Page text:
A risk assessment is not about creating huge amounts of paperwork, but rather about taking sensible measures to control the risks in your workplace, for example, using doormats to stop rainwater from being tracked in and making the floor slippery.
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You are probably already taking steps to protect your employees, but your risk assessment will tell you whether you should be doing more. Consider what risks in your workplace may lead to slip or trip injuries, and decide what suitable and effective control measures will prevent these types of accidents.
You then need to put these control measures into practice. Concentrate on the real risks those that are most likely to cause harm. Think about how accidents could happen and who might be harmed. You can do this by:
- asking your employees what they think the hazards are, as they may notice things that are not obvious to you and may have some good ideas on how to control the risks;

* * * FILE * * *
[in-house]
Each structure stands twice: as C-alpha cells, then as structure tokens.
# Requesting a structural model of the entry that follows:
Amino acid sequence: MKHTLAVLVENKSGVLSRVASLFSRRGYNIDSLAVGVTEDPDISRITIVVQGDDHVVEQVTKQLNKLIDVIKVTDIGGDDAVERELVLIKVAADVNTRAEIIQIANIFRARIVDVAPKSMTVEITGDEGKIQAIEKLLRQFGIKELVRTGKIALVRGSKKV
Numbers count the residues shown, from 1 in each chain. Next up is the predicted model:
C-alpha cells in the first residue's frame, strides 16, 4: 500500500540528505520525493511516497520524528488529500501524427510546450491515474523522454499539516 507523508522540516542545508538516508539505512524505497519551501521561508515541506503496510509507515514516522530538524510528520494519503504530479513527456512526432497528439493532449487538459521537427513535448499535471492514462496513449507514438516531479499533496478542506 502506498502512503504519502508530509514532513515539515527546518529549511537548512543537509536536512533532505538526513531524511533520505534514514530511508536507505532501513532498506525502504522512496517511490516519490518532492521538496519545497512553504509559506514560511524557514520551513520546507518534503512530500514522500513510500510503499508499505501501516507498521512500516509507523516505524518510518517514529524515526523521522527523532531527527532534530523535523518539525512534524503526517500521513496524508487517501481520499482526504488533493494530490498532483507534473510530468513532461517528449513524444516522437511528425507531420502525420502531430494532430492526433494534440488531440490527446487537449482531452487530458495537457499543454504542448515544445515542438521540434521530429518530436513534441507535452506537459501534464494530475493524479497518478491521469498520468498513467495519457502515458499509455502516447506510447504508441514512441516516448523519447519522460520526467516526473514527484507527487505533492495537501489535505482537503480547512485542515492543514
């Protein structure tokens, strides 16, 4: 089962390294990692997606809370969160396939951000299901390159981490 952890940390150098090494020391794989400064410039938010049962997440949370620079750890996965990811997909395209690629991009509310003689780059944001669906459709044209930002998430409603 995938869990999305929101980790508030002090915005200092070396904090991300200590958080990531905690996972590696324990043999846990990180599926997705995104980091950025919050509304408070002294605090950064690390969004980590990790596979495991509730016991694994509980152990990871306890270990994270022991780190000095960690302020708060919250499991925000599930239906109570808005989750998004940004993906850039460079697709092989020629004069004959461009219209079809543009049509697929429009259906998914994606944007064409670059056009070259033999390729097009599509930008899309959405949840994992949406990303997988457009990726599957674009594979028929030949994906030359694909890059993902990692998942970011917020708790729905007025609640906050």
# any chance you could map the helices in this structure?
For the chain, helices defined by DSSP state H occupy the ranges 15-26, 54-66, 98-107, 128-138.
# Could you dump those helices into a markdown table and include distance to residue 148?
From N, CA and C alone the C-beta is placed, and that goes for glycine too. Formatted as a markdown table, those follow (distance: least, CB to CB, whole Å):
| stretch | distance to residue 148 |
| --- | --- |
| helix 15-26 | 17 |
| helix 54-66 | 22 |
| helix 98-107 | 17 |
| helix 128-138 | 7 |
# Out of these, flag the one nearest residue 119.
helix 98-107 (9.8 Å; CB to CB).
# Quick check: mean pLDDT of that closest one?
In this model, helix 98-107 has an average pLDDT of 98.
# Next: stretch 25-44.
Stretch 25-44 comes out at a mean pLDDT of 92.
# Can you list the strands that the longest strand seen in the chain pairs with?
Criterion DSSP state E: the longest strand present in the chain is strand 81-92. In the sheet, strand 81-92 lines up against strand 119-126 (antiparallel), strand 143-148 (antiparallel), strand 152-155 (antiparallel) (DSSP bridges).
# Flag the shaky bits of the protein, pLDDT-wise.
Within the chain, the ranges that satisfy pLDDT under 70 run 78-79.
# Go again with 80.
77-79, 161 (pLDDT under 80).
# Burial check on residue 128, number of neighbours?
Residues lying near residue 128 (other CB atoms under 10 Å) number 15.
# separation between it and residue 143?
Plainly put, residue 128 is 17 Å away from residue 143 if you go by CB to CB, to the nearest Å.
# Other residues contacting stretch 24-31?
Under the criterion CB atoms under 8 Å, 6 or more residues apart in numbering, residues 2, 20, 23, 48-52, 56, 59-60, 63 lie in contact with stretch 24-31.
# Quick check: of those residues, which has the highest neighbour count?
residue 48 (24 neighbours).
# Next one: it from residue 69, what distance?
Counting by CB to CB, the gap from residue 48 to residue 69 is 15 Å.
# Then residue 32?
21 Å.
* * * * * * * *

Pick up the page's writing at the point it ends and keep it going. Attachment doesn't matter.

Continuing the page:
- referring to the ‘Practical steps to prevent slips and trips accidents’ below.
In many instances, straightforward measures can readily control risks, for example ensuring spillages are cleaned up promptly so people do not slip.
Make a record of your significant findings and what you have in place to prevent them. If you have fewer than five employees you don’t have to write anything down but it is good practice to keep a record.
Few workplaces stay the same, so it makes sense to review what you are doing on an ongoing basis.
More guidance on risk assessment can be found in E-Books: System Safety Engineering and Risk Assessment